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After more than a year at DCSPCA, FIV+ cat Falcon finally found his dream home.

Here at DCSPCA, we all knew beautiful Falcon as the cat who often perched high on the windowsill, watching over all of his cat friends. Diagnosed with FIV, and shy at first with humans, more than a year went by without an adopter choosing to take home four-year-old Falcon. But then the mother of one of DCSPCA’s cat care team saw something in Falcon that no one else had seen, and he finally found his dream home.

DCSPCA: How did you come to meet Falcon?

MARY: We came to meet Falcon through my daughter who is employed at DCSPCA. She works primarily with the cats at the shelter and we often talk about many of the cats waiting for adoption. When she told me about Falcon, his story stayed with me—pulled at my heartstrings. It made me so sad knowing he had been at the shelter for about a year and a half. It baffled me because he is a beautiful Mackerel Tabby and has a sweet nature. He definitely was a shy guy and was more comfortable with cats. He wasn't afraid of people, just wasn't comfortable being picked up or petted.

DCSPCA: Can you please tell us about the moment you knew you wanted to adopt him?

MARY: It started on a sad note. We had been going to the shelter because our sweet cat Jack was very sick and he wasn't going to recover. We spoke about the idea of adopting Falcon after Jack passed. I visited Falcon during several of our trips to the shelter. I knew he needed us and we equally needed him. We had two other cats at home and their dynamic without Jack would be hard. It would especially be hard for Ector, another cat we adopted from DCSPCA who was bonded with Jack. Falcon was perfect for us because he was constantly friending many of the cats who came to the shelter. The heartbreaking day we had to come to—putting Jack to sleep—I noticed Falcon sitting high up in the window. To me that was a clear sign Falcon belonged in our home.

DCSPCA: How is Falcon doing now that he’s settling in at home?

MARY: Falcon is doing wonderfully—better than I expected. When he first came home he hid under my bed most of the time. He would only come out to eat and use the litter box. Slowly he appeared more and more. We eventually introduced him to our other two cats. They gave him a little bit of a hard time at first. Lots of hissing and sounds I hadn't heard from them before. Falcon wasn't fazed, never hissed back or shied away. He let them do their thing. Not long after the hissing subsided, he graduated to living in the rest of our home. Now they all run around together. It's so cute to wake up to three cats at my bedroom door once again. I even found him sleeping cuddled up with Ector. I loved that.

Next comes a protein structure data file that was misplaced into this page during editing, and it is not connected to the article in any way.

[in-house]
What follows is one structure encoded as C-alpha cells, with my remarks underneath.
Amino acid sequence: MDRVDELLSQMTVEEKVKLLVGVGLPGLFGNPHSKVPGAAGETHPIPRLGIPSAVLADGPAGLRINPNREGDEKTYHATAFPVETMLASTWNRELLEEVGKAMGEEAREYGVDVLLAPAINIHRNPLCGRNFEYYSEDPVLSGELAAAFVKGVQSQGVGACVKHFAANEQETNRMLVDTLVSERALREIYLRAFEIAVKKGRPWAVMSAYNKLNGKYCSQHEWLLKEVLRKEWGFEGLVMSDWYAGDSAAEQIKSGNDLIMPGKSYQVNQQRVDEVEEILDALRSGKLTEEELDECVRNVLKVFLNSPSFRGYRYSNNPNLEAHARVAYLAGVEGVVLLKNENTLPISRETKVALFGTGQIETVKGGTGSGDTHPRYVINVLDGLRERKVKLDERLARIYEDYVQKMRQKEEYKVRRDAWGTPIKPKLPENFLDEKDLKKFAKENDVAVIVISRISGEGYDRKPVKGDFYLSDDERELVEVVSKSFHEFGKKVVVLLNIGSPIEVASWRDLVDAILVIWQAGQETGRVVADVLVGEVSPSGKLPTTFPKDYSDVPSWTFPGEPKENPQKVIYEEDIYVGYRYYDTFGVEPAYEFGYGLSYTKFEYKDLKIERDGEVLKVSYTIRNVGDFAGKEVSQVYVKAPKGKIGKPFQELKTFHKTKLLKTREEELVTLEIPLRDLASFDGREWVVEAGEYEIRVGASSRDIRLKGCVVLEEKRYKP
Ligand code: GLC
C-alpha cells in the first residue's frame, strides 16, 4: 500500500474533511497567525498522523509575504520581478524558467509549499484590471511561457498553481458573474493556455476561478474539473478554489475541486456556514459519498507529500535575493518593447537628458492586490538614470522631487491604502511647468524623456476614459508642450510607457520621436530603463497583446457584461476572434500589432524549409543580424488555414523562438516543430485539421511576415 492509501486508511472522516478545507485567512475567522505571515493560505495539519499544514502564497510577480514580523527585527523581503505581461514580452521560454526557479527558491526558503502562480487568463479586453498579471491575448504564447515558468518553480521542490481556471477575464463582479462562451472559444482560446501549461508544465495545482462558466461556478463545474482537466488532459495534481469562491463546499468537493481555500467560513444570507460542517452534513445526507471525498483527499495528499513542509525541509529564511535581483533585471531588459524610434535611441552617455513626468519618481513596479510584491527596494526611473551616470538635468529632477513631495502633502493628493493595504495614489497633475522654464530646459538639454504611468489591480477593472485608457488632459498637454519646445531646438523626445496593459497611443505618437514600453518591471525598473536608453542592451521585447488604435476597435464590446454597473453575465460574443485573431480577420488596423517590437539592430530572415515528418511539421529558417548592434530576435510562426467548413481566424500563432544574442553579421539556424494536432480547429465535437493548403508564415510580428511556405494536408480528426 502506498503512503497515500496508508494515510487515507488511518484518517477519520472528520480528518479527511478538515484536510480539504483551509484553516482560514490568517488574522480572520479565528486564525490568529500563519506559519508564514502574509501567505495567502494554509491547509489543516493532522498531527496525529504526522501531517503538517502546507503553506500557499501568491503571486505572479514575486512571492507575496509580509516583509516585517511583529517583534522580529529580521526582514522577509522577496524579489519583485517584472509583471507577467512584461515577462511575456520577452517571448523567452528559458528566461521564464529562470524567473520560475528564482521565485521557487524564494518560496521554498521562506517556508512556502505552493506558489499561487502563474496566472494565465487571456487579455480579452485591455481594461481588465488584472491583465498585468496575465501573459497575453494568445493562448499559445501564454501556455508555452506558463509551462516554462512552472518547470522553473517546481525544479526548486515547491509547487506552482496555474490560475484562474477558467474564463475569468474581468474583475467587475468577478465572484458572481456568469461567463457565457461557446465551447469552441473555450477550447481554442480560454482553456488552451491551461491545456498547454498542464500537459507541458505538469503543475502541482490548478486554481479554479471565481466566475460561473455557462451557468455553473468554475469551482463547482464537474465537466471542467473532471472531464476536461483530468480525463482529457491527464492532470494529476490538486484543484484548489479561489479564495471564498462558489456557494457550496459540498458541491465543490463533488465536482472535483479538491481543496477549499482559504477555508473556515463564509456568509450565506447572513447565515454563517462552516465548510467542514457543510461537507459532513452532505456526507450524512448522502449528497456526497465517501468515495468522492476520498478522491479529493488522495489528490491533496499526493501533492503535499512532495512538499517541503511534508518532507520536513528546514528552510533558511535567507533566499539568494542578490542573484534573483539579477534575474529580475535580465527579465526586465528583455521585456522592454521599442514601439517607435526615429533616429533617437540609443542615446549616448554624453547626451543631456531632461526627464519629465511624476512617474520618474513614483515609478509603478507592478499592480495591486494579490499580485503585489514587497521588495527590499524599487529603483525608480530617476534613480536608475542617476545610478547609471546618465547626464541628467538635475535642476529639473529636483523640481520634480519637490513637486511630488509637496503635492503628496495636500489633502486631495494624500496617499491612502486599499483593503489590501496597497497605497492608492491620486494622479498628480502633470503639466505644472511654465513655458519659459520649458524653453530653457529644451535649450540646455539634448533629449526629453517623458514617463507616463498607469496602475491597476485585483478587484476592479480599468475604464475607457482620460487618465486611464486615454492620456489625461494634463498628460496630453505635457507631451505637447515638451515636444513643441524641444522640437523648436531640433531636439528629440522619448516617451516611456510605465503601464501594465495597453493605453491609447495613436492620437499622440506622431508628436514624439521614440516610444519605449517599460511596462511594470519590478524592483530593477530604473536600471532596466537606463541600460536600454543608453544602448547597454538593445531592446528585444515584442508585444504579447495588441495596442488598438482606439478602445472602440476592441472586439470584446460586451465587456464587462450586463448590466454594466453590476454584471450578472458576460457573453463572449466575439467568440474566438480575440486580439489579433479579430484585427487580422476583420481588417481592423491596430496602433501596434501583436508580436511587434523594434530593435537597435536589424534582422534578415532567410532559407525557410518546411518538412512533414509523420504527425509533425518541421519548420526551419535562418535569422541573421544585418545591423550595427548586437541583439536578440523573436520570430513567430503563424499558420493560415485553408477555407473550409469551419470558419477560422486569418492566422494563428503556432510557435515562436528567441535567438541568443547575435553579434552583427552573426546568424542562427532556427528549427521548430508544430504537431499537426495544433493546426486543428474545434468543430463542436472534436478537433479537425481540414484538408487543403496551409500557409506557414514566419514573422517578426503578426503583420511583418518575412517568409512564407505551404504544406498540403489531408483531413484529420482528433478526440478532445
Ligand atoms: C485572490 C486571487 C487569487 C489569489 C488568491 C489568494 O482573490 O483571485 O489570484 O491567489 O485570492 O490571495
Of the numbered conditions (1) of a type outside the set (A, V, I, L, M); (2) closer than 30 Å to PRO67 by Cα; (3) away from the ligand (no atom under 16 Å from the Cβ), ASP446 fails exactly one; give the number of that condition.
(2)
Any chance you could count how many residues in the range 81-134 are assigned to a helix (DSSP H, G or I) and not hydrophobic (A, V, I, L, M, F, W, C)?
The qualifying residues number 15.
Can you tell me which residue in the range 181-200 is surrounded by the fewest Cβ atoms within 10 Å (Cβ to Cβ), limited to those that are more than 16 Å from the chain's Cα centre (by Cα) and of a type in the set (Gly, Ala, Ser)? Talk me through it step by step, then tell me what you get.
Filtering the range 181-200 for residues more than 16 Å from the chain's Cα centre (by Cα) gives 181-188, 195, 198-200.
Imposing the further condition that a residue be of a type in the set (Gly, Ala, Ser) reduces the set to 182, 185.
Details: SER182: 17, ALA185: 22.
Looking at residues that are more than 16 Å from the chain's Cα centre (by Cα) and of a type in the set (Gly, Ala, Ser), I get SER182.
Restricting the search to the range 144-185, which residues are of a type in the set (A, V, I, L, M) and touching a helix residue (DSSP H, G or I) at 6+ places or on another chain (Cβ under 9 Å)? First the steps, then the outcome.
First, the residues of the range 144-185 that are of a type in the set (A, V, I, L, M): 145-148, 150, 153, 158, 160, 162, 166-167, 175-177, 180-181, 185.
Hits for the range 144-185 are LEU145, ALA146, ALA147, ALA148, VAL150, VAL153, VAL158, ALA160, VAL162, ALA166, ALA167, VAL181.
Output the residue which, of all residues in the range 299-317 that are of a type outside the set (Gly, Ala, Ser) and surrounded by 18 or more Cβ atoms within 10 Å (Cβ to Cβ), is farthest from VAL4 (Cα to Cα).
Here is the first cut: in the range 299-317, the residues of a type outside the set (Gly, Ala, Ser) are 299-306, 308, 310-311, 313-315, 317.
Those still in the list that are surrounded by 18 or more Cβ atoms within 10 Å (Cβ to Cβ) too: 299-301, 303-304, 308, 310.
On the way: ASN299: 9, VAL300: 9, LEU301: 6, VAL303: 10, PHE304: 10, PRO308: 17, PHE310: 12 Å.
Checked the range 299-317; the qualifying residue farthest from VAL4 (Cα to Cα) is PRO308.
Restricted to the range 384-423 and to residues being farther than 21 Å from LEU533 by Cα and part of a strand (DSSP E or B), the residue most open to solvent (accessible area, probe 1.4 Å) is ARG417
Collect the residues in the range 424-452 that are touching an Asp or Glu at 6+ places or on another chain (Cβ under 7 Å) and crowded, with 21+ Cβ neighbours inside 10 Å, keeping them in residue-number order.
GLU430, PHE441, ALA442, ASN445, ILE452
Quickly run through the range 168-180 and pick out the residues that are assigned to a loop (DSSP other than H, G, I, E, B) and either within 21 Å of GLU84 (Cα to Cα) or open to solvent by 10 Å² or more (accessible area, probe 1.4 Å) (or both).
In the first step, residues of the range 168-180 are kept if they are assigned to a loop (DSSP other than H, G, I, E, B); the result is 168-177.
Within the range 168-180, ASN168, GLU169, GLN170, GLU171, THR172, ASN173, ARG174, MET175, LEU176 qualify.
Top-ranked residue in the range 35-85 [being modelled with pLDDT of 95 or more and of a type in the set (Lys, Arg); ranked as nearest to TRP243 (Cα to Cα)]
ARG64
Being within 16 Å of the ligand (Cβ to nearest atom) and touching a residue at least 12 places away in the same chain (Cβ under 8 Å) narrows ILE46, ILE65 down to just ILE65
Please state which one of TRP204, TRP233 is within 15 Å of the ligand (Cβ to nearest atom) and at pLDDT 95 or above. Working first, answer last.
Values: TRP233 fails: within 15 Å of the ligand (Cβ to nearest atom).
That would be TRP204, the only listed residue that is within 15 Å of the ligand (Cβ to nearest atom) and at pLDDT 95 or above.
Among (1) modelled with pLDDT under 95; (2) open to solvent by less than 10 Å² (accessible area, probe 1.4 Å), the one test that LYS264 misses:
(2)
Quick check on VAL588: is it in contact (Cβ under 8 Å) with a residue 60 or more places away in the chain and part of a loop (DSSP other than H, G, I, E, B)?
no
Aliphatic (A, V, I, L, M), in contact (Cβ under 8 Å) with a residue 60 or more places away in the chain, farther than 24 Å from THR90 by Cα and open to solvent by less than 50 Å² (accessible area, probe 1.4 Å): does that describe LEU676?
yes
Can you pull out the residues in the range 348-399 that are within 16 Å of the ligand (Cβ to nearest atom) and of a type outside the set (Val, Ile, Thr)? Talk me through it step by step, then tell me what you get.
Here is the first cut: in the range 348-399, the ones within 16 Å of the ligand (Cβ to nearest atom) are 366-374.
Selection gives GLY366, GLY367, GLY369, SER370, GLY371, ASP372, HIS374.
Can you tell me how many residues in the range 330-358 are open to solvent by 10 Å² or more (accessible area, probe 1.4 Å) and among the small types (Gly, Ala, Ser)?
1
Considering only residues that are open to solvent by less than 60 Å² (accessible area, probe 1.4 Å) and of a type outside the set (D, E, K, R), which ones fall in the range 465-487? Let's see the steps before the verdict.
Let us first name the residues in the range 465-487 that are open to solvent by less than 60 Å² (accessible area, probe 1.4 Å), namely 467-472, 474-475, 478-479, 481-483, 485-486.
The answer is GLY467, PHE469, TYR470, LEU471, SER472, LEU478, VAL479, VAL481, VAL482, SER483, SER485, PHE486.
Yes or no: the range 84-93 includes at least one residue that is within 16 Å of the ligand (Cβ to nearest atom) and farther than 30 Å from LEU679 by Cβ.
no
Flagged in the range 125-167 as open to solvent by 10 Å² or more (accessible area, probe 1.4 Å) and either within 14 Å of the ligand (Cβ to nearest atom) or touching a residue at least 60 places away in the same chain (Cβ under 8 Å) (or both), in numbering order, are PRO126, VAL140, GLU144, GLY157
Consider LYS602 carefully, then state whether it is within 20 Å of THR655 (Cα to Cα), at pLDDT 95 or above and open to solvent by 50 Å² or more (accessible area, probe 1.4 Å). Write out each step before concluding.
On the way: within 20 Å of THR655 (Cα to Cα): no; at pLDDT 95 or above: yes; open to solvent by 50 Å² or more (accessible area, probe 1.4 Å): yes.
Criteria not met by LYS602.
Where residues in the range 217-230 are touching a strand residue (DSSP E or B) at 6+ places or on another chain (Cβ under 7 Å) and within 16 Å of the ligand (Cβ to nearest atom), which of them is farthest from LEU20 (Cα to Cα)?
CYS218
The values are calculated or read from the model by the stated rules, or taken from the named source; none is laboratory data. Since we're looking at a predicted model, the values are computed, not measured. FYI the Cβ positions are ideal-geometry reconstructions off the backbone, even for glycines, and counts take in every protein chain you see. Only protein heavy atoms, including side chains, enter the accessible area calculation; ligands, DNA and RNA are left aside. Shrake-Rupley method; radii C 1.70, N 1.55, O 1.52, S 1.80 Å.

DCSPCA: What are some of his favorite things?

MARY: He's too funny. He loves to watch TV. Everything catches his attention. Falcon loves to play with things that most wouldn't consider to be a cat toy. He certainly would disagree. He had the best time with my end table trying to tackle its handle. He would wrap his paws around it, roll over, swing around upside down then run around. He loves feeding time the most. Falcon is such a little explorer of each and every inch of his new home. He’s constantly going up and down the stairs, jumping through the railing.

DCSPCA: How has adopting Falcon changed your life?

MARY: We needed him as much as he needed us. Losing Jack was so incredibly hard. Once Falcon came he gave us something happy to focus on. He filled that empty space in all our hearts. We will always miss Jack. I know Jack would have loved Falcon. Adopting Falcon has been such a positive experience. It feels really good to give him the home he waited way too long to find. He belongs here.

DCSPCA: What would you say to someone who is considering adopting a cat with an FIV diagnosis?

MARY: At first I didn't know much about FIV. My daughter completely educated me about FIV and what to expect. I'd say it's best to educate yourself as much as possible about FIV. That makes it way less scary than it seems. Our cats are indoor cats. I think that is important in keeping them all healthy. Especially a cat with FIV. I don't find Falcon's diagnosis an issue as long as he is cared for, to protect his immune system. It's no different than how you would care for any pet. Make sure they get dental cleanings, all their shots, and yearly check ups. Most of all give them love, attention, and a warm home.

DCSPCA: Is there anything else you’d like to share about adopting Falcon?

MARY: I have this good feeling that in time Falcon will grow in his comfortability, allowing us to pet and cuddle him. I saw the transition with Ector who was incredibly shy and frightened of everything. Now if I let him he would spend all day in my lap. I know not to push Falcon too much. Already we get in a few pets on his head while he is eating. Already we love him with all his curiosity, his little legs, and big beautiful swirls on each side.

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